• Next measure the width of the tank from the wall toward your body. Write down this number.
• Now this is the trickiest step because you’re not simply measuring the depth of the tank, you’re measuring the water in the tank. Insert the measuring tape along the back of the tank, into the water until it touches the bottom of the tank. Note where the water reaches on the measuring tape. Now flush the toilet. Before the tank starts to refill note where the water was when the toilet was finished flushing and subtract this number from the number of where the water was before the toilet was flushed. For example, if your water reached the ten inch mark before flushed and after flushed was at the two inch mark, your number is eight.
• Now multiple these three numbers together and then multiple your final number by .00433 and your answer is the number in gallons of water your toilet uses with each flush. For example, if the length of my toilet is 16 inches, the width is 6 inches and the depth is 8 inches, my equation would be
16 x 6 x 8 x 0.00433 = 3.3 gallons of water per flush!
The toilets we install use only one gallon of water per flush!
For water saving tips click here!
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Last February, I embarked on a journey from Chicago to Denver to serve as an AmeriCorps Leadership and Conservation member, not knowing what my ten months of service had in store for me. The experience brought me to places I never dreamed I would be, doing things I could not have possibly imagined. As my term drew to a close, I was fortunate to have the opportunity to spend another year of service at Mile High Youth Corps, this time as the Conservation Alumni Mentor. I look forward to 2010 for many reasons, not the least of which is the chance to offer my support and perspective to the incoming AmeriCorps Leadership and Conservation Corpsmembers. In my role as Alumni Mentor, I will be able to direct and inspire Corpsmember voice through my involvement in projects such as Leadership Council, Service Learning, and other Environmental Education. I hope to allow incoming Corpsmembers the chance to flourish in their quest to develop into the men and women that are the backbone of a healthy society.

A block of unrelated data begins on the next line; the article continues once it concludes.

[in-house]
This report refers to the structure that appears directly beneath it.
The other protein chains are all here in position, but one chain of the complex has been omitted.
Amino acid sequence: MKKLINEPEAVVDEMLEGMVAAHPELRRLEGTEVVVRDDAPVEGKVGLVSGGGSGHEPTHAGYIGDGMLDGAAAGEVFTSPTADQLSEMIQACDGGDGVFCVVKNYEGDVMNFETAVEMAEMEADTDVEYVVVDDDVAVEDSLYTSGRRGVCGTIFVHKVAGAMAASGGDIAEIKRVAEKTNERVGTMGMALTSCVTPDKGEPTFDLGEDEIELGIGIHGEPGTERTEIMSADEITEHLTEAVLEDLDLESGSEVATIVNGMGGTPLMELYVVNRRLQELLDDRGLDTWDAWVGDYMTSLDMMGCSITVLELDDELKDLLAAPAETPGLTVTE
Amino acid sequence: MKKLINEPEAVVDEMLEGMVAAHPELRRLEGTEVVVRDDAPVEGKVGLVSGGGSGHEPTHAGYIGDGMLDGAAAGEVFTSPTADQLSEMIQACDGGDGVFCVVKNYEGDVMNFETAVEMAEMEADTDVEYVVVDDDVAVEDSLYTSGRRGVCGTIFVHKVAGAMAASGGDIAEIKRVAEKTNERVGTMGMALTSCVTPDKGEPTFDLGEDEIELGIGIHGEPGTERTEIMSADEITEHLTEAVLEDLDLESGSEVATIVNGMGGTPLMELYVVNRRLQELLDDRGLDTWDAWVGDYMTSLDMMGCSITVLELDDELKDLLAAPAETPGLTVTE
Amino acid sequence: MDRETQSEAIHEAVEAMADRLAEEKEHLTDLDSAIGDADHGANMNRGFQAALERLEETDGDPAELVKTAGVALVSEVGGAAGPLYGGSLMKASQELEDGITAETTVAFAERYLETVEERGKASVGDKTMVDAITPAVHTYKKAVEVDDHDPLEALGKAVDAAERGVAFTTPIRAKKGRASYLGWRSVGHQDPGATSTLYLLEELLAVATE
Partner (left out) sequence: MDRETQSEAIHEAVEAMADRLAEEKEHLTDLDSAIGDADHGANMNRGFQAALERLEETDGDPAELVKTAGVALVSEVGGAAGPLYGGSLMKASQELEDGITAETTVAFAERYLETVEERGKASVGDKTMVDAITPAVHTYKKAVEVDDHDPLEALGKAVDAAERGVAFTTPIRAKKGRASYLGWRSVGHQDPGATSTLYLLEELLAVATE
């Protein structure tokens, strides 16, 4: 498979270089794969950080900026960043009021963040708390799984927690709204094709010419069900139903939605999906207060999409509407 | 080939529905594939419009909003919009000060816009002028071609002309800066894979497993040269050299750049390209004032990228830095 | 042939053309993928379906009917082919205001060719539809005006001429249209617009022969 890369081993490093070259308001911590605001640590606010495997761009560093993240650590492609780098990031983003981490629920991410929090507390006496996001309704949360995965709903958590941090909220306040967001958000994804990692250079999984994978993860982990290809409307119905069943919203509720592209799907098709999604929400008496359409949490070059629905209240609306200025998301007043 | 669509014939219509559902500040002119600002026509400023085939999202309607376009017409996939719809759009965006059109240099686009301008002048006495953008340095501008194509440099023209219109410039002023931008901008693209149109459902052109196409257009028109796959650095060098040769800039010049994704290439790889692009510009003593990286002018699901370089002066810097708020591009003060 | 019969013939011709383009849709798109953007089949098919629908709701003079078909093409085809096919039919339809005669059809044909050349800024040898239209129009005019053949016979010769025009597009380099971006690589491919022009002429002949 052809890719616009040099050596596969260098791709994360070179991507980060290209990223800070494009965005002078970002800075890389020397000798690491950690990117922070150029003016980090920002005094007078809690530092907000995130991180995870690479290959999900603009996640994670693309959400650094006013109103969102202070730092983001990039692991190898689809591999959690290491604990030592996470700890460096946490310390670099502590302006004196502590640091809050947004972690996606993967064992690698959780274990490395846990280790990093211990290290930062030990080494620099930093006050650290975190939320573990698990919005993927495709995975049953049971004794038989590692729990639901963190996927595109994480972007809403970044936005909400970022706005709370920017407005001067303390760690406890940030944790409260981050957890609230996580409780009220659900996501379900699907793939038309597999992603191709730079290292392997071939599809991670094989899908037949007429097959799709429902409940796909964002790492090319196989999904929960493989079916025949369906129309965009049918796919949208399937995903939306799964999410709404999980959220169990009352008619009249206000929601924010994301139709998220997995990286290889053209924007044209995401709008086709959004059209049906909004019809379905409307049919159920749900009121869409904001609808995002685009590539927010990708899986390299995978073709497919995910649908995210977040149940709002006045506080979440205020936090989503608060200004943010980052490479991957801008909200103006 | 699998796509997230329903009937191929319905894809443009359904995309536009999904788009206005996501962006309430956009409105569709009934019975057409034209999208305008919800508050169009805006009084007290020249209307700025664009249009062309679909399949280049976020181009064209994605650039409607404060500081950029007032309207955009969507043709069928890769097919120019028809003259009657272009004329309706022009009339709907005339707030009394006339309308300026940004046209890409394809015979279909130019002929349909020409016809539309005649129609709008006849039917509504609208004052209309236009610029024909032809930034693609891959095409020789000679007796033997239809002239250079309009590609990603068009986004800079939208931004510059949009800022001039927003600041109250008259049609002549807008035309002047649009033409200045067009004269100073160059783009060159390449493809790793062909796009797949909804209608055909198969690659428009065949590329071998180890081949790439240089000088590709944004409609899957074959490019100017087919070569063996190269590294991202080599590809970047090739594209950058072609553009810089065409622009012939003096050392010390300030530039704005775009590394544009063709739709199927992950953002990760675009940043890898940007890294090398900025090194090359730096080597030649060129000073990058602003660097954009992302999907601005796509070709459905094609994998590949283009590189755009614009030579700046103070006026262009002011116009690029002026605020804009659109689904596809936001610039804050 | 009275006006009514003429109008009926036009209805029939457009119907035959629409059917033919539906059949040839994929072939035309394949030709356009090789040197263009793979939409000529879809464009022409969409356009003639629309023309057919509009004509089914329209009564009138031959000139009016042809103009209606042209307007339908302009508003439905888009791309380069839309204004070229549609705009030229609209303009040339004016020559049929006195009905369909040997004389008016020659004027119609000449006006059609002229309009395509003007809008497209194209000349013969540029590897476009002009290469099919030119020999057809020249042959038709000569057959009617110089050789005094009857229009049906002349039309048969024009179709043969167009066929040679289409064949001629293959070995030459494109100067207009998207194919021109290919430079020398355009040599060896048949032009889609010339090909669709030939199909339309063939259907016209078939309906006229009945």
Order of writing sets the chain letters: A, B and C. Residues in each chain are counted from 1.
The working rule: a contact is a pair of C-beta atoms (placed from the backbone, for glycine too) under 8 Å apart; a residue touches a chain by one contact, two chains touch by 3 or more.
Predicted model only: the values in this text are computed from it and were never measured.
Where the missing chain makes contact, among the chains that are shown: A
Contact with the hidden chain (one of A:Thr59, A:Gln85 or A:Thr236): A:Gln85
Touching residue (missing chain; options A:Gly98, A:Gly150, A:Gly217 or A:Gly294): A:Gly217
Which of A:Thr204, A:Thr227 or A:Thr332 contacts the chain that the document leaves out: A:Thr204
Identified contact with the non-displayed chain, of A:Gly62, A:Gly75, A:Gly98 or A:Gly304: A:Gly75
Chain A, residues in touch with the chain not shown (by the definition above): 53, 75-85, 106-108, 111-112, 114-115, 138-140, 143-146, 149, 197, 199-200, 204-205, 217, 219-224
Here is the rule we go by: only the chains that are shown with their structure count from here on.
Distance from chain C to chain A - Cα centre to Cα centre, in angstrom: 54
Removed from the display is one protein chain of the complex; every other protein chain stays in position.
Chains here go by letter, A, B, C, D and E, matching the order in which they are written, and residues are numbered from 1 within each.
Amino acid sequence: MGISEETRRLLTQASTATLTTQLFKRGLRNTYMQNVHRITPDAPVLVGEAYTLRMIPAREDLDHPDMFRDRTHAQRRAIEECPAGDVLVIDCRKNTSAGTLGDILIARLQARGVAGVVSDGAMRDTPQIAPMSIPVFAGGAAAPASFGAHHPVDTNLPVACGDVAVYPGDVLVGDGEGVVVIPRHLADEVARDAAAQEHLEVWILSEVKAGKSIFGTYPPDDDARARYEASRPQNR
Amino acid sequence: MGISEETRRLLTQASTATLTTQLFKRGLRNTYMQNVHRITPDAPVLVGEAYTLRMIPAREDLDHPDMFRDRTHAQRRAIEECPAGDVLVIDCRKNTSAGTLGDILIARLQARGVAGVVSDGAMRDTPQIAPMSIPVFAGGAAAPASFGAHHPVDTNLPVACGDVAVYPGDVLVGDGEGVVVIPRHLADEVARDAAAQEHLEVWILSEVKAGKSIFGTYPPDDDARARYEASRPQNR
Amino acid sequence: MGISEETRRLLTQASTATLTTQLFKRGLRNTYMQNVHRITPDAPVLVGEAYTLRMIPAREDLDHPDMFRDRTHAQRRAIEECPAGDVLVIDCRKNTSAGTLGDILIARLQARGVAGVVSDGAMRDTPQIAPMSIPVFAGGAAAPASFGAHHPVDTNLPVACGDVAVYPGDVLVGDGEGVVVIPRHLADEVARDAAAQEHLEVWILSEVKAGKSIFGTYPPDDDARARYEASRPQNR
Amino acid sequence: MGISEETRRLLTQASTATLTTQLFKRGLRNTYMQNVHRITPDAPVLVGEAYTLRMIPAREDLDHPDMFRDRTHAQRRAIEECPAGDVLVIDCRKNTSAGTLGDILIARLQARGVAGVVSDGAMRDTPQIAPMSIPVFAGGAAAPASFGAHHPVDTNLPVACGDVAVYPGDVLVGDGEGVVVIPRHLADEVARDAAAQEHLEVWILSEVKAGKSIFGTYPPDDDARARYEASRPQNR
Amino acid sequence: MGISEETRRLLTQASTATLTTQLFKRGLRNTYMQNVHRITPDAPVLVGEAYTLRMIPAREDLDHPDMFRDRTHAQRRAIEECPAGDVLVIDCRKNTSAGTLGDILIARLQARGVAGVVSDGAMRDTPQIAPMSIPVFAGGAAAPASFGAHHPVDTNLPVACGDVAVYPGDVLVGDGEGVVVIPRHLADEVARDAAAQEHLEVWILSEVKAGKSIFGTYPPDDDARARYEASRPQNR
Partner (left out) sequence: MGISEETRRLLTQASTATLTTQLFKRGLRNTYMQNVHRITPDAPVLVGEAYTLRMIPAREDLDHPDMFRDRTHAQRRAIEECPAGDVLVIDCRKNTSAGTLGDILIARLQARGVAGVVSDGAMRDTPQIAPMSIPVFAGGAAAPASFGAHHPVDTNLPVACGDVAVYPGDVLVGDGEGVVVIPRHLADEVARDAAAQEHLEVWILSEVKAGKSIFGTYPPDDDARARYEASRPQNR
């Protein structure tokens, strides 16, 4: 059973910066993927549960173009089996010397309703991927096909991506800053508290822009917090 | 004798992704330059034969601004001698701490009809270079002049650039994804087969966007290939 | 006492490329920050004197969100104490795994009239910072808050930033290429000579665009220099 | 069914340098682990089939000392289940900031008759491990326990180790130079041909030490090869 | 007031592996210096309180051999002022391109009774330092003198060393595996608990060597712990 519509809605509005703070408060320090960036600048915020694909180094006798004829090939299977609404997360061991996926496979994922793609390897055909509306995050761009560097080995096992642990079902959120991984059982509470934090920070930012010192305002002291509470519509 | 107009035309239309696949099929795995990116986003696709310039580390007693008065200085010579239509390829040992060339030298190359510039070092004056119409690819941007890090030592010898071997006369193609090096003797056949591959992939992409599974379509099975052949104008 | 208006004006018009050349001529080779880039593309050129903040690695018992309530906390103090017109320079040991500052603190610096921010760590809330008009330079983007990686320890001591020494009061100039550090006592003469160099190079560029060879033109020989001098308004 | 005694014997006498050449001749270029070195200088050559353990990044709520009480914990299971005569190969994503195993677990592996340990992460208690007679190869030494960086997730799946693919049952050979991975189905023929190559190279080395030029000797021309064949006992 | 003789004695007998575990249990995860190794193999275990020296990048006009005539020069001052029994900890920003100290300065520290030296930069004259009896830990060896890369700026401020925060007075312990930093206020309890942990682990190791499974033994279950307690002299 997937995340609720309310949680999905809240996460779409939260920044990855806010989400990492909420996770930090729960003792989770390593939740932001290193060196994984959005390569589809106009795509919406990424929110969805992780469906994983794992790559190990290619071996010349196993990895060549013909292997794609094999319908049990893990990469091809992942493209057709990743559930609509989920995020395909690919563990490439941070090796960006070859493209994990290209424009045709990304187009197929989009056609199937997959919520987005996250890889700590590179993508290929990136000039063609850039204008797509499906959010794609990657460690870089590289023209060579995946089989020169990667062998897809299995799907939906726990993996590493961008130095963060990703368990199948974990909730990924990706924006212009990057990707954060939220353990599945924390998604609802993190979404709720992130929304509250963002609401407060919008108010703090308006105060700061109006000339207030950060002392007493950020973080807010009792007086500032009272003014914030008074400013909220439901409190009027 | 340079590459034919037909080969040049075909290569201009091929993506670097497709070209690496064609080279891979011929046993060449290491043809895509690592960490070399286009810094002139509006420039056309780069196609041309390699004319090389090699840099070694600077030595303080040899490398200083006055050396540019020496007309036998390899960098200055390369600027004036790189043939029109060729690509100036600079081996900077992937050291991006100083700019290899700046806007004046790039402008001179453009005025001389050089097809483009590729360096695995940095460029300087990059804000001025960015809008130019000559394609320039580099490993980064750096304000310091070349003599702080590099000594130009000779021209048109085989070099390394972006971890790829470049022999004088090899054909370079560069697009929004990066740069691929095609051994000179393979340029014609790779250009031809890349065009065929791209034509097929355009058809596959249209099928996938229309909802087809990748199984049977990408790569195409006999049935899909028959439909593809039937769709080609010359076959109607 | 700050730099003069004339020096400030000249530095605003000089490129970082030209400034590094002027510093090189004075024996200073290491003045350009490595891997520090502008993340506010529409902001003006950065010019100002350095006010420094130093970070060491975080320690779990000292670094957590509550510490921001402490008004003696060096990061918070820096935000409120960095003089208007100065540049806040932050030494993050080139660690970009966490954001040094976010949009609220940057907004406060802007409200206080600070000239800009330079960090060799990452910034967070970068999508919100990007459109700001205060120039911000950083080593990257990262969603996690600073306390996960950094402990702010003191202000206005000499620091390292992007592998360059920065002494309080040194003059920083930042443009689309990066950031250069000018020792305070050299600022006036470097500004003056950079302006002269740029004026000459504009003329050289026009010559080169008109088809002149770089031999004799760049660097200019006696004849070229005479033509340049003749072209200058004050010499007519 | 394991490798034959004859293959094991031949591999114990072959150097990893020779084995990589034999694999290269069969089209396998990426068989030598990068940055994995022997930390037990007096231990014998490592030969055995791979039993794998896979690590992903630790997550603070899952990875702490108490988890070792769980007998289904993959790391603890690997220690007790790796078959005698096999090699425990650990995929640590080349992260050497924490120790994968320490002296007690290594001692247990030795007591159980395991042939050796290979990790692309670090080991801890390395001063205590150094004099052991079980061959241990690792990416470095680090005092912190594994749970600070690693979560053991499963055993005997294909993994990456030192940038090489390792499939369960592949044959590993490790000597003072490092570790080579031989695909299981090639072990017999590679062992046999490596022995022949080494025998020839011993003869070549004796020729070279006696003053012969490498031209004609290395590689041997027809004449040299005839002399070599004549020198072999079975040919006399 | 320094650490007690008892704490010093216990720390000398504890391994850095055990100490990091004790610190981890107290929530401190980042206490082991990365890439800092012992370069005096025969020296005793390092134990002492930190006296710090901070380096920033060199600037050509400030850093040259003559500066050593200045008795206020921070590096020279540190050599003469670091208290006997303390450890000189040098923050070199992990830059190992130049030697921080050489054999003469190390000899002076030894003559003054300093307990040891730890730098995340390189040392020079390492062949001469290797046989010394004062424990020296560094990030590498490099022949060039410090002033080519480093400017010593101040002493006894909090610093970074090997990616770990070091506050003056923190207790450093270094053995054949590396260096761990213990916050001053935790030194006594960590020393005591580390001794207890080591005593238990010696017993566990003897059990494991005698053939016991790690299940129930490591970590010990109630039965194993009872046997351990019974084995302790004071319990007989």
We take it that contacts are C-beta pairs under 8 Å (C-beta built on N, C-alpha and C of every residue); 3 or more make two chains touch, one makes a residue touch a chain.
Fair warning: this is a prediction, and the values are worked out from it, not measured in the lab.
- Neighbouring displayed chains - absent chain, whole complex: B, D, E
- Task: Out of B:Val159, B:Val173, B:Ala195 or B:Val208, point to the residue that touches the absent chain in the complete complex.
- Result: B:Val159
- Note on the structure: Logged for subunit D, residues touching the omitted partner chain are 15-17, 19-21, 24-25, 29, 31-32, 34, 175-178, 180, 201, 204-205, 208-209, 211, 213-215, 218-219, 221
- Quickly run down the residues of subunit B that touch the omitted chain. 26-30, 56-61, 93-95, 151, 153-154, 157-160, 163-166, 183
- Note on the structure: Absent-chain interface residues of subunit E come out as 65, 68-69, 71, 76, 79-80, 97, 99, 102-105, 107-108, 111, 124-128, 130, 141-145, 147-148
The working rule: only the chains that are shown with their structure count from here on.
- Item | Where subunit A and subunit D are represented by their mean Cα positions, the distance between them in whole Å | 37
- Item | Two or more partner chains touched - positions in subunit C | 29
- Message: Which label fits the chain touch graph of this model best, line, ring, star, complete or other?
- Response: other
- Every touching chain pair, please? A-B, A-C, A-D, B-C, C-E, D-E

With one year at Mile High Youth Corps under my belt, I have taken off my cargo pants and work boots and changed into business casual as I start year two as the Outreach Alumni Mentor. I’m trading a chainsaw for a laptop and a screw driver for a high-tech work cell phone. Things are changing and less than a week into my new position I’m already feeling the excitement of opportunity and the stress of an office job. The emails are flowing and the phone is ringing and I’m ready to see what this next year has to offer. In my new position I hope to bridge the gap between Corpsmembers and staff, promote communication and conflict resolution and get out into the field recruiting new Corpsmembers and spreading the word about the amazing work done at MHYC. I’m anxiously awaiting the arrival of the new water and energy Corpsmembers in February, excited to see how they will take on the challenges and opportunities at their fingertips.